Do you remember Stardust’s blog post about viruses that mosquitoes carry?? If not, then quickly click here for a quick refresher! Mosquitoes are still out in full force and are expected to remain into the fall season, so make sure your horse is up to date on their vaccines!
All caught up?? Good. Now it time to talk about other viruses and bacterial diseases we, four-legged creatures can get and the vaccines created by amazing scientists to protect us and keep us healthy.
Has your parent or guardian ever told you to cover your mouth when you cough or sneeze? This is to help you from spreading contagious viruses like the flu. Unfortunately for horses, we can’t grab a tissue to cover our faces. Wouldn’t that be SOMETHING??!! So the equine form of the flu (equine influenza) and other upper respiratory (mouth, nose, and throat) infections can easily and QUICKLY spread through a herd, especially if they aren’t vaccinated.
Upper respiratory infections (URIs) can affect a horse at any age, but are more common in young and older horses. Also, competitive horses are at higher risk due to interaction with horses from other premises. These infections can spread from horse to horse either through direct contact or indirectly by sharing equipment or feed buckets. Your horse can be vaccinated against the following diseases annually or sometimes twice a year if they are at higher risk, such as competitive horses.
The warning signs are very similar and your veterinarian will be able to help you determine which one they have. Some signs are:
- High fever
- Decreased appetite
- Watery nasal discharge
- A hard, dry cough.
- Swollen lymph nodes, which usually become abscesses that need to be drained
…is the most common URI. Horses should be rested one week for every day of fever. This means if your horse has a fever for 3 DAYS, then you should rest them for 3 WEEKS. Sometimes an anti-inflammatory agent or antibiotics might be needed.
Equine Herpesvirus (EHV) Rhinopneumonitis…
…is the second most common URI. Say that three times fast! EHV is a collection of similar viruses that have different levels of severity. Most cause URIs, but they can also affect the brain and reproductive tract.
The virus can lay dormant (showing no signs) in a horse and is only activated during times of stress, such as exercise, transportation, or at weaning. The treatment for EHV is supportive care. For my two-legged friends, that’s like you resting in bed with some chicken noodle soup. There is an EHV vaccine, but it does not have a 100% prevention rate; however, it will minimize the severity of the illness.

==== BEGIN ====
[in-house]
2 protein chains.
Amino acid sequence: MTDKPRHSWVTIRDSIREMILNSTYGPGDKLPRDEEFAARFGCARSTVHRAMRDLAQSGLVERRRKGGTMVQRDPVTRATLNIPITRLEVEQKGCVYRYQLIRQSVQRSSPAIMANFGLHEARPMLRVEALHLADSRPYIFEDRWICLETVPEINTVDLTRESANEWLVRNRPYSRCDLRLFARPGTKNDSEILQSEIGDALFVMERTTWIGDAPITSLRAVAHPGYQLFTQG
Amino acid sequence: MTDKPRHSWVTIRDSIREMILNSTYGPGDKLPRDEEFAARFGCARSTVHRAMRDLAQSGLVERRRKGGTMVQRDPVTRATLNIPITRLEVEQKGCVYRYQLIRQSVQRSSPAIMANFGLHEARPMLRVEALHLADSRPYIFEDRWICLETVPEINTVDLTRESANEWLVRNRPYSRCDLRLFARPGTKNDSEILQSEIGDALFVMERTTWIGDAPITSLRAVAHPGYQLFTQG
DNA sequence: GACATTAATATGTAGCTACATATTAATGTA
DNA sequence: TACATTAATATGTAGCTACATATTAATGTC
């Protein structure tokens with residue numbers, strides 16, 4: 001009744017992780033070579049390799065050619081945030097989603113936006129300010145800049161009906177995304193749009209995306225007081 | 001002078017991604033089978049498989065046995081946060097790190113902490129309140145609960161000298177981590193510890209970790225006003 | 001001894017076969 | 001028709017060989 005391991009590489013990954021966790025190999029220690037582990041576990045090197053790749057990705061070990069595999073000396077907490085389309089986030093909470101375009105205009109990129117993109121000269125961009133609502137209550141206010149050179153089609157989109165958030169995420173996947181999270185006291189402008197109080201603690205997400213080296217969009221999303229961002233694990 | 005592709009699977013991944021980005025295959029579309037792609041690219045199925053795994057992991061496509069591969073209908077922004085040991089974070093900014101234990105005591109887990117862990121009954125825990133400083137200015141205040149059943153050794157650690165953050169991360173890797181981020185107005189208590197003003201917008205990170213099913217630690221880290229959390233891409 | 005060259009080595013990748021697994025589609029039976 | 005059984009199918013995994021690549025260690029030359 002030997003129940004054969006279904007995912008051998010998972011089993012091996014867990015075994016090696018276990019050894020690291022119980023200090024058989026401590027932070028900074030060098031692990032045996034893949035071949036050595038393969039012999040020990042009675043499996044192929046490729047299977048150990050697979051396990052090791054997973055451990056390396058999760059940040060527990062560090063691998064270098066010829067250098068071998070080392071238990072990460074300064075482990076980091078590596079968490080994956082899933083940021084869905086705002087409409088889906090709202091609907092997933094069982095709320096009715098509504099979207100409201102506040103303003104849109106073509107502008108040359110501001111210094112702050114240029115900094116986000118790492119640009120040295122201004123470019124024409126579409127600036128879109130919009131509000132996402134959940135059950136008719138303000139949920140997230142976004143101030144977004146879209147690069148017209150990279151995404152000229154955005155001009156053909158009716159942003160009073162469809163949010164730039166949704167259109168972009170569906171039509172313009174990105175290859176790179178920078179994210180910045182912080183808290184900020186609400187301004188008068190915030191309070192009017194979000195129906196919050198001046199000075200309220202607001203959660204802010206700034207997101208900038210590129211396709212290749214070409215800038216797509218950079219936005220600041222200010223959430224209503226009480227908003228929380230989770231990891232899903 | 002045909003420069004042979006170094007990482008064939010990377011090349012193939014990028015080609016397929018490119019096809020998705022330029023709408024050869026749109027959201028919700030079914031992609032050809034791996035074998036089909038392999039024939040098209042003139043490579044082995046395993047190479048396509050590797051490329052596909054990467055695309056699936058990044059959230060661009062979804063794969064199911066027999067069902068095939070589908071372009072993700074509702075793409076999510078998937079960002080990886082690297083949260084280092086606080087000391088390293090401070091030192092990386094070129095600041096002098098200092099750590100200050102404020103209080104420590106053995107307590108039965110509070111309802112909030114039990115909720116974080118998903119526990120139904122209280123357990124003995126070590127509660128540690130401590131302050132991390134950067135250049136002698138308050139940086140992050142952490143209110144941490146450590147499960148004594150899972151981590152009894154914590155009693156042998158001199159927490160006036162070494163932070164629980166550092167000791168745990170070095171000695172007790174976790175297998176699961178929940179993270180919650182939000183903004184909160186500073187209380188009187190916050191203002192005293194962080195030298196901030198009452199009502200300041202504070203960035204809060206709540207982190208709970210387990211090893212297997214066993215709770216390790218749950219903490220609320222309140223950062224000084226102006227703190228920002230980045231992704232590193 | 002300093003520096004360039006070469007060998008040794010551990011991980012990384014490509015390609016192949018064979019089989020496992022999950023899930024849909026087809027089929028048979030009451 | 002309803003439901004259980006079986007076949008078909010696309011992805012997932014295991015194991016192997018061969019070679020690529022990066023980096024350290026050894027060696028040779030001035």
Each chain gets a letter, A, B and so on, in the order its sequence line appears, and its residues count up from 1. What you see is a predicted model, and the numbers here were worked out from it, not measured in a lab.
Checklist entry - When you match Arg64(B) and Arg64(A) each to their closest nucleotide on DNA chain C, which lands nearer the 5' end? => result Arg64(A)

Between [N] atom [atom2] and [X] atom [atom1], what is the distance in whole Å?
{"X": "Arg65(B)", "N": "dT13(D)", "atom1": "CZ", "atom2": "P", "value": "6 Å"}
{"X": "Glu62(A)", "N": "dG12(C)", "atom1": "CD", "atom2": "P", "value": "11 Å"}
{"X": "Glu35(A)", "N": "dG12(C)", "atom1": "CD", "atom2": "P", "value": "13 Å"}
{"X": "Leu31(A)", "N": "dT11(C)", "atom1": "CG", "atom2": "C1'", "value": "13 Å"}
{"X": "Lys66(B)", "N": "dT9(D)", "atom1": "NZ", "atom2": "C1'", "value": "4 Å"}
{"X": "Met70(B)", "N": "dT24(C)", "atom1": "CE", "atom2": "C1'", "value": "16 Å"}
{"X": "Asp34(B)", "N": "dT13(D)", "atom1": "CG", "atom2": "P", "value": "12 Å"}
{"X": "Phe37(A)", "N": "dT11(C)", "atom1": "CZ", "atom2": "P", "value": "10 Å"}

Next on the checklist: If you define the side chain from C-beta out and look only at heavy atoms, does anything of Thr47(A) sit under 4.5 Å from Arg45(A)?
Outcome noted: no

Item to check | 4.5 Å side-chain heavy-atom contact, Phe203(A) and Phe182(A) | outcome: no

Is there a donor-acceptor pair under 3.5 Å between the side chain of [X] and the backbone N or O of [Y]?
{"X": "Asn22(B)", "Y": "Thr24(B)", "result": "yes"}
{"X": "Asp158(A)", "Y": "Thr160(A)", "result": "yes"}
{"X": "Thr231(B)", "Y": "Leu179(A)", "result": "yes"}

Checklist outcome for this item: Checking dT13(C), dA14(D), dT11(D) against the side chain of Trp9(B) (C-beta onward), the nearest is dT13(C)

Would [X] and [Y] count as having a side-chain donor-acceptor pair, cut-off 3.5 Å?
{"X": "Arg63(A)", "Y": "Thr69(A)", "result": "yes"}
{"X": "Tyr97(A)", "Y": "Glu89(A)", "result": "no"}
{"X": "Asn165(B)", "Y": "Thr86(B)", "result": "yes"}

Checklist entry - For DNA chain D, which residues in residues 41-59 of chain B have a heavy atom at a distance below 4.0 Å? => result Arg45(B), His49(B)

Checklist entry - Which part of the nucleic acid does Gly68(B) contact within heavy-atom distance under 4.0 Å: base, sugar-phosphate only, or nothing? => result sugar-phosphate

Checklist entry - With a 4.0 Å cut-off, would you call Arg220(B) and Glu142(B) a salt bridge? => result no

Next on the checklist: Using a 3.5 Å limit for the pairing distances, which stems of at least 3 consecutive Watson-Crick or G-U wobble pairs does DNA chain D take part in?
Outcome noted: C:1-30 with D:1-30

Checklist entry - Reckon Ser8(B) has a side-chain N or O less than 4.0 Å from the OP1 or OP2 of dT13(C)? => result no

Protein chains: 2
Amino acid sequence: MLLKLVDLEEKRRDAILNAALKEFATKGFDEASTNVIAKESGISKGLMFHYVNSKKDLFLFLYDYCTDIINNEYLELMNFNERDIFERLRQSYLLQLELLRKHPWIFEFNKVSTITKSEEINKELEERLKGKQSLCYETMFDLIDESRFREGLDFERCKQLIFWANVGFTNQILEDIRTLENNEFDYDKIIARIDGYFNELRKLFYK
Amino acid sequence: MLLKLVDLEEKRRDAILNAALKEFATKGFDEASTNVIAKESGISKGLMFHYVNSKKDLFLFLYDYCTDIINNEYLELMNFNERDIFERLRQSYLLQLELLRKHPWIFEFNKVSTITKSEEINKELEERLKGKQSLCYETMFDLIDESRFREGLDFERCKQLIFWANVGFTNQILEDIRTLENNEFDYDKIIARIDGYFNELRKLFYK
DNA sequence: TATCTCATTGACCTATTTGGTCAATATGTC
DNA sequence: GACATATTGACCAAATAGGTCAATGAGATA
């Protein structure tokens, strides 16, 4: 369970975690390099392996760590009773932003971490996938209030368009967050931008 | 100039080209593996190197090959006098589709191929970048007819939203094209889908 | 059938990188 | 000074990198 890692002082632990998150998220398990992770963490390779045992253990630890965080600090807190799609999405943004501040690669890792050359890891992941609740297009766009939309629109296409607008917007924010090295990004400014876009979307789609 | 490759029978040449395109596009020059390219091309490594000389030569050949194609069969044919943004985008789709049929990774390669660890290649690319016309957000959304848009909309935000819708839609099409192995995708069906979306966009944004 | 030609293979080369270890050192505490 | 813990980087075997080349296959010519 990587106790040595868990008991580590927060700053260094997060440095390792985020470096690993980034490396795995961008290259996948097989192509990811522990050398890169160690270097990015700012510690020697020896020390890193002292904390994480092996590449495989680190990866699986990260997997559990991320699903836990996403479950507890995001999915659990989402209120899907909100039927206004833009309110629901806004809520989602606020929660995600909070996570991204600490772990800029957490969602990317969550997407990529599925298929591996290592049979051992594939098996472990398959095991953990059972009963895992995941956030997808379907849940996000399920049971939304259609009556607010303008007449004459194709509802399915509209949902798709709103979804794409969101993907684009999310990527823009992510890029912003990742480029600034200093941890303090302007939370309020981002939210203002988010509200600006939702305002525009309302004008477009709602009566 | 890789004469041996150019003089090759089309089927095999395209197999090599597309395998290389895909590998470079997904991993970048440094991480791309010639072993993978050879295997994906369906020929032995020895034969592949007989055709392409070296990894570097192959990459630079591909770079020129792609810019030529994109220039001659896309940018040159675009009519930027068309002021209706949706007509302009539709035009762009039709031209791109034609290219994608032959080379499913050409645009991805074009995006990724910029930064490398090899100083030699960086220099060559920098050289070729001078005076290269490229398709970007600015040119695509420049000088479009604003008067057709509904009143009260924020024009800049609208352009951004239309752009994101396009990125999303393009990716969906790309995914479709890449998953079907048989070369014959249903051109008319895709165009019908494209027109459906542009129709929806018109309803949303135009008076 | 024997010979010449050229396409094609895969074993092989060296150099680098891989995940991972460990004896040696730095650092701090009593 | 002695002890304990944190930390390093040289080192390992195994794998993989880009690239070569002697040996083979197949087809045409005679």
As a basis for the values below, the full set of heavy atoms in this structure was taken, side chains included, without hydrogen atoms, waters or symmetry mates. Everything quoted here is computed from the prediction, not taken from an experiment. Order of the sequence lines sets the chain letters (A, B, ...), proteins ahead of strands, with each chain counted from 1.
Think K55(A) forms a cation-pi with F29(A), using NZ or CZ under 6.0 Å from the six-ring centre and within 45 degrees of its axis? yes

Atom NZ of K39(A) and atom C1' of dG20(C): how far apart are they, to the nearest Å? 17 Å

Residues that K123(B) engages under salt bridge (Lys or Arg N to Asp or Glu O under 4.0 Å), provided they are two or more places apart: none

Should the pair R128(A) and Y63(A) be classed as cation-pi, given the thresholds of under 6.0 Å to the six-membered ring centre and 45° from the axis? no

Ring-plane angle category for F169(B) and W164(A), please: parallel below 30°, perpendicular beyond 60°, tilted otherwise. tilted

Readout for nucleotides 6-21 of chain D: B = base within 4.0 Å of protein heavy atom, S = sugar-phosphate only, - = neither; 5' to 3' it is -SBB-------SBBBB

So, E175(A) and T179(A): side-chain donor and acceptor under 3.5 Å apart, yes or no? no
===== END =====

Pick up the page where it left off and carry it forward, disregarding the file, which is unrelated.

is another URI. Sounds awful! Well…it is. Instead of it being caused by a virus; the actual culprit is a bacterium (Streptococcus equi). Once a horse recovers from strangles, they have 50% immunity. This means if they get infected again, then it isn’t as severe as the first time. This bacterium can survive a very long time in water, therefore, with an outbreak, always disinfectant water buckets daily. Some horses can be asymptomatic (showing no signs of infection) but can still shed the bacteria ONE WHOLE MONTH after recovery. Your horse MUST have three negative swabs for the bacteria in order to be removed from quarantine. There is a vaccine to protect your horses from strangles.
For all vaccines, please consult with your veterinarian to customize an appropriate vaccine schedule. Also in case of an outbreak, follow your biosecurity protocols. Check out Marge’s “Farm Cooties” blog post for more information.
Overwhelmed with all this talk of diseases and symptoms and vaccines?? Luckily for you, we created a simple vaccination kit that includes disease information cards and posters on the vaccine schedules for adult horses! We also have a separate poster for foals and weanlings, too! The kit is only $12 and the posters can be purchased for $3 each. That’s a bargain! These kits are great tools for any experienced horse owner as well as young horse enthusiasts!